A piece for my Love Writings folder.
Recently I have been mulling over why I give house room to clothes that belonged to loved ones that have now passed – that is other people’s clothes. The lockdown has prompted this.
During COVID-Time my attention has been drawn to all the things that I’ve collected. Since I’ve been home so much this hoarding has started to feel like a weight; a weight that is taking over the house. Or, it could be that the house is crowding in on me. I decided to check out the problem and go through some of what I have accumulated. This is considerably less than I had before I moved from NZ about fifteen years. I have managed one cull in my adult life. I felt I could manage another.
I’m sentimental and this makes me a hoarder of things that trigger memories. As I started, my memory clicked into action and I made little headway.
First up was a browny-yellow cardigan my father wore during the last year of his life. It was knitted in an Arran pattern by my mother who had had detailed instructions on what pockets were needed. The southern part of New Zealand is cold in the winter and my father spent most of his last winter parked in ‘his’ chair with the newspaper and cuddled into this cardigan. He did the cross word and kept yelling out the clues when he struggled in the hope that one of us would know the answer. When he shuffled around the garden with my mother, the gardener in the family, discussing what should be done to maintain it, he wore the cardigan. He used it as a dressing gown when he got up in the morning to make the toast and tea. It was part of him.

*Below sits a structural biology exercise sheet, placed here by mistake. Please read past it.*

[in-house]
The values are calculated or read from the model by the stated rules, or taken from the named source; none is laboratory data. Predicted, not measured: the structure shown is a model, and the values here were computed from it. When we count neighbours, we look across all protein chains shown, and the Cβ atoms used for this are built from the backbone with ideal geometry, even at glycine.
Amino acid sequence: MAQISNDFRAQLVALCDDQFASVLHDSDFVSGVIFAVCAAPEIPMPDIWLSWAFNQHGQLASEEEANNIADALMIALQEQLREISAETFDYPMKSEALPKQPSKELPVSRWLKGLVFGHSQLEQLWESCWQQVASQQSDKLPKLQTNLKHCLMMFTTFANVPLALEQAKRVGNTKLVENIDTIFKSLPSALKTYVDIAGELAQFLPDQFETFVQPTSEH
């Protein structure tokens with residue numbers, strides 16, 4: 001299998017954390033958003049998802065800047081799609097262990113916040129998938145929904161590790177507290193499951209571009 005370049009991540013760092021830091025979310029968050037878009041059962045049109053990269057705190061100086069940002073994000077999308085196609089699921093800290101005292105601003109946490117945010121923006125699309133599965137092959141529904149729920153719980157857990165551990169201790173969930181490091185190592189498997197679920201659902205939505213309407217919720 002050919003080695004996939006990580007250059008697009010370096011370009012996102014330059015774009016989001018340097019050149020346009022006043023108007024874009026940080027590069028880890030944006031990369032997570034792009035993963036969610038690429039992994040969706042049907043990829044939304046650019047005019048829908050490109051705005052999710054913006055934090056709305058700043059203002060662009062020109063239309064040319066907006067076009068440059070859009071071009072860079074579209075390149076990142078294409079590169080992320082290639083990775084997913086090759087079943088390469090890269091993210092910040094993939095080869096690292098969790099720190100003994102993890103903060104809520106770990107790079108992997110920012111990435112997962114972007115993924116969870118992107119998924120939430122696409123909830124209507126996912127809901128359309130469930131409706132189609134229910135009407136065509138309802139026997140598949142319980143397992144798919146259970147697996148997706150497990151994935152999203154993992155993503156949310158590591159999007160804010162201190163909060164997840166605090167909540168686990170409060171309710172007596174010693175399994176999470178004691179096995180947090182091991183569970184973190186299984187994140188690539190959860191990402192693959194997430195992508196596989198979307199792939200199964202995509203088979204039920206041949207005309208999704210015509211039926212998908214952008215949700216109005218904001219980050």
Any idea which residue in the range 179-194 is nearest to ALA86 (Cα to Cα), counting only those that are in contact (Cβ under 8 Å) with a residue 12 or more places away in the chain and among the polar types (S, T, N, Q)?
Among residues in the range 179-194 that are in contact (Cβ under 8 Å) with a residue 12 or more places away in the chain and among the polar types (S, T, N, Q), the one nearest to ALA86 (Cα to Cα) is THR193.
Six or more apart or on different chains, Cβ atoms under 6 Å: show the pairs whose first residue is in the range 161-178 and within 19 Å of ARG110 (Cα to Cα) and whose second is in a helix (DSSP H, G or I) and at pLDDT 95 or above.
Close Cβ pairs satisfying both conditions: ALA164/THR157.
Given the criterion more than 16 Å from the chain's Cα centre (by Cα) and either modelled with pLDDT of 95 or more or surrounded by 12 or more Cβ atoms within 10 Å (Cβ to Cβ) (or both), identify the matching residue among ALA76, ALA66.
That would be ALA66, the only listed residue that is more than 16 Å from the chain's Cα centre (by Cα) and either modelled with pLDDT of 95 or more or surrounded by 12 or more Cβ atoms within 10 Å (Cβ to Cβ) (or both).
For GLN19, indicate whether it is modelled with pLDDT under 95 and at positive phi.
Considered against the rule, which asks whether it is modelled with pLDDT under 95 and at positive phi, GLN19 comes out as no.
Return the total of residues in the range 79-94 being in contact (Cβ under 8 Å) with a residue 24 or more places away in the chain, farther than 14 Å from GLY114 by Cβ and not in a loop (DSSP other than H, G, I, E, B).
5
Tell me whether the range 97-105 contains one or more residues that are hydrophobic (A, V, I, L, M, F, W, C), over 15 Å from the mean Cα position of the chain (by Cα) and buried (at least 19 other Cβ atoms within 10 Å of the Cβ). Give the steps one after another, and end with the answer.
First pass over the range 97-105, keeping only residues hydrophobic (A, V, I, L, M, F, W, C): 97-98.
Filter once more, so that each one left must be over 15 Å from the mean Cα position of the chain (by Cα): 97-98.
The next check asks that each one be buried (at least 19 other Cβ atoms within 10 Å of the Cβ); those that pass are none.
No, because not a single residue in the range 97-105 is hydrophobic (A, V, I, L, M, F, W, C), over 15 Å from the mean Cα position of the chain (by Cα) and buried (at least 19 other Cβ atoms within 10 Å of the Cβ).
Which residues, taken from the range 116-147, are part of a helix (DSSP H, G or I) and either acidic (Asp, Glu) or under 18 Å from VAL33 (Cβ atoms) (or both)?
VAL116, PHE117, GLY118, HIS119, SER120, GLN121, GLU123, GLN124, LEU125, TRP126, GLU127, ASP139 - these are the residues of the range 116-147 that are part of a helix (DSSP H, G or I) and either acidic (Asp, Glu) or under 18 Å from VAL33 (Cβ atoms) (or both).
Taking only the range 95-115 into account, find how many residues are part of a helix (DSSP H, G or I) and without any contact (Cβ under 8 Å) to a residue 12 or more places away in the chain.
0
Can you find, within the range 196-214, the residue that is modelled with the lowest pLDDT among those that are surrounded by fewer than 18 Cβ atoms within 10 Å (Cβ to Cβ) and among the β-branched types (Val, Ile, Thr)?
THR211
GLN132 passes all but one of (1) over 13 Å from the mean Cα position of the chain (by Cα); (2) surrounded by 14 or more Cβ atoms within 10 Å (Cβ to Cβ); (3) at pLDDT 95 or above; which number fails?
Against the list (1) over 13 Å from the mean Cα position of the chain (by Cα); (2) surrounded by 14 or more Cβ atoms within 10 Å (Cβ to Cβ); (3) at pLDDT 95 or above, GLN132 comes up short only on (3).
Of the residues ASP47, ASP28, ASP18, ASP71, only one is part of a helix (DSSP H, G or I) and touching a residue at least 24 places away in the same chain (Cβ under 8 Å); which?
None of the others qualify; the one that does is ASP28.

I rescued it when I saw it heading for an op shop. When I look at it now I see him in his worn chair hitting the paper to get it folded the way he liked it while he snuggled into this garment. I’ve worn the cardigan on occasions but I find it rather bulky. I folded it and replaced it in the drawer. This bulk takes up about half the space in one of my drawers.
I also give house-room a stylish fawn trench coat which belonged to one of my most loved friends. It’s rather big for me but as I pull the belt tight I feel close to her. She died a few years ago leaving a large gap in my life. Through a series of circumstances I have ended up with her beautiful coat. It is a coat she loved. I never saw her in it but I have a long email – a letter really – from her describing, in evocative detail, herself wearing in Paris just after she bought it and how she felt part of the crowd on the Champs Elysees. She loved herself in and kept her mouth shut so her French wouldn’t give her away. She was a Parisienne when she strode out in it. Presumably it was raining when she first wore it. She doesn’t mention the rain but she may have worn it rain or shine. When I saw the coat after she died I found it was an English Burberry with a zip in lining. I imagine it did blend rather well with the stylish Paris fashions. I wore it last winter and walked, in the rain, along Nelson Street to Carlisle Street where I worked, I felt her glamour and believed I was swinging along a Parisian Street. I even felt her prescience … for just a moment.
These garments and another that belonged to my mother trigger visual memories. I would remember these people I loved without their clothes but I like to put my hand on the garments they loved and picture them living in them. There will never be a right time for me to cull them– that will be someone else’s job.
My house is being brightened with this beautiful pink and white cyclamen. It’s flourishing living with me with me.